Nirvana - In utero (1993), 8/10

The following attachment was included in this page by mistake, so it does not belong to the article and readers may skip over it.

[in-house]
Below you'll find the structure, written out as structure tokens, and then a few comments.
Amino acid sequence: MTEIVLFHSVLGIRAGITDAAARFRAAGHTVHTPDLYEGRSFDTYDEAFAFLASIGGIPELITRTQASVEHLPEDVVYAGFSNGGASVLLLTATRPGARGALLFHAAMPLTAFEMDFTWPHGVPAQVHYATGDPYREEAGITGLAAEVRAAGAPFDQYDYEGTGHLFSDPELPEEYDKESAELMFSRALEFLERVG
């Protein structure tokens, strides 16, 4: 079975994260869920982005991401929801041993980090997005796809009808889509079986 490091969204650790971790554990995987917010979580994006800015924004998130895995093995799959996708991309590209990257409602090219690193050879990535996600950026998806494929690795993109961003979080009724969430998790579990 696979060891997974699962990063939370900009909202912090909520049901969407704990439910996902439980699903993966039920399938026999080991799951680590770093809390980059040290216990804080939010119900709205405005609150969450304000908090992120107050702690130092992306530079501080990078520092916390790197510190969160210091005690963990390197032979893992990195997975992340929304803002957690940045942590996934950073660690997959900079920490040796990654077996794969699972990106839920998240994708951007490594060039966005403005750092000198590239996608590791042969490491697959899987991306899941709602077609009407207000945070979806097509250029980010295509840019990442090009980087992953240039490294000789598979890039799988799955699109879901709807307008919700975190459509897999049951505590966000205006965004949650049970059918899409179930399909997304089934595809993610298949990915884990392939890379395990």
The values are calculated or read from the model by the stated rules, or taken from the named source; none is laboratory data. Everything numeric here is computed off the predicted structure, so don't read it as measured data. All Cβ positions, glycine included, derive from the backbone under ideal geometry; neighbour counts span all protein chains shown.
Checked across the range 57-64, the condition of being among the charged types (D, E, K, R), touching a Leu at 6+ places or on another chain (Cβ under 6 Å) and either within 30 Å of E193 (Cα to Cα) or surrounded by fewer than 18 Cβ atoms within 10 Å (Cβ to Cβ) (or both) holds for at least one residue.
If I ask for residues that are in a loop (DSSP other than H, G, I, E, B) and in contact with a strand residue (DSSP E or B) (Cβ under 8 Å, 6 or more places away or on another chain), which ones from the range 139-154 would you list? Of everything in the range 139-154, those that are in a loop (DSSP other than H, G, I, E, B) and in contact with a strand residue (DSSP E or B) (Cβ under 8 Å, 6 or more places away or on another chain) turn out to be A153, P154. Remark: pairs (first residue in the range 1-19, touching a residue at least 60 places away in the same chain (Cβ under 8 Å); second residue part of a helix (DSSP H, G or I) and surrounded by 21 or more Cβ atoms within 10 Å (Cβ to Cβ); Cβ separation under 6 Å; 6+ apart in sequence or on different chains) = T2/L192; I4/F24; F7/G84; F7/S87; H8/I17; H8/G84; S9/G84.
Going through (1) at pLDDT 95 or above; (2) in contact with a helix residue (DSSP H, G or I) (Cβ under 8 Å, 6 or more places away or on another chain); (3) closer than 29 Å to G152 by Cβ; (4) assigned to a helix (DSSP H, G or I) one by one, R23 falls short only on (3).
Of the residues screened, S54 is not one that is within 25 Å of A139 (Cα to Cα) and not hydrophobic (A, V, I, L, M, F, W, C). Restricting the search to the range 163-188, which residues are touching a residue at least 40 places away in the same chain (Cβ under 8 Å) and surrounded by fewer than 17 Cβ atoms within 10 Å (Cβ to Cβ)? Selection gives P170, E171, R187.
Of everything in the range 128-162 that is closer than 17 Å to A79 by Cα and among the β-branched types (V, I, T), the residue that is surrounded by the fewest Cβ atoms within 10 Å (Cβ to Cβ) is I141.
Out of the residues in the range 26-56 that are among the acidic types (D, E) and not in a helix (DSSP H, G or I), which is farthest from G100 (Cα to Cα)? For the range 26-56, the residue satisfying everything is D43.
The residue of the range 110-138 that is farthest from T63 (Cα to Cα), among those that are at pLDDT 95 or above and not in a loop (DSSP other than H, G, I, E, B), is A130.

How do you follow the huge success of Nevermind? Throw your sounds in a distorted blender and cover it with dark, manic self-loathing. Obviously, there's a lot more substance to In utero than this simple change in direction, including Steve Albini's legendary work as engineer, but the raw energy and anger seems to result in such a satisfying middle finger to commercial success. The anger in "Scentless Apprentice" is so visceral it's physically jarring as a first impression, especially after such a tame, albeit satisfying and well placed, opener in “Serve the Servants”. Much of Kurt’s raw emotion through the whole record, even beyond the screams and clearly tortured performances, is so palpable that its effect is indeed physical, or at least deeply moving. The wonderful thing about In utero and its appeal is that whether you enjoy the wonderfully successful classic rock influenced pop side of Kurt's songwriting displayed on Nevermind or the deeply rooted primal rage explored on Bleach, you get both in spades and it is all heightened by the approach the band took in the studio and their newfound maturity both in ethos and in their somehow grander yet more intimate sound. Not to mention flawless, charged performances from Dave and Krist that create the unshakeable backbone that Nirvana could always lean on during their short career. While I prefer Kurt’s chaotic side, his talent for infectious composition is undeniable and practically built for radio on songs like “Heart-Shaped Box”, “Dumb”, “Pennyroyal Tea” or “All Apologies”. There is even a blending of these two styles on “Frances Farmer Will Have Her Revenge on Seattle” and “Very Ape” with varying degrees of success. Yet there is still some punk fueled madness sprinkled in the mix for those of us who need that extra jolt. It can be a supremely important record for many, myself included, for its simultaneous accessibility yet flirtation with raw noise, resulting in an album that is quite effective at expanding one’s possibilities and broadening taste. One of the greatest three-piece bands of all time at their peak in every facet.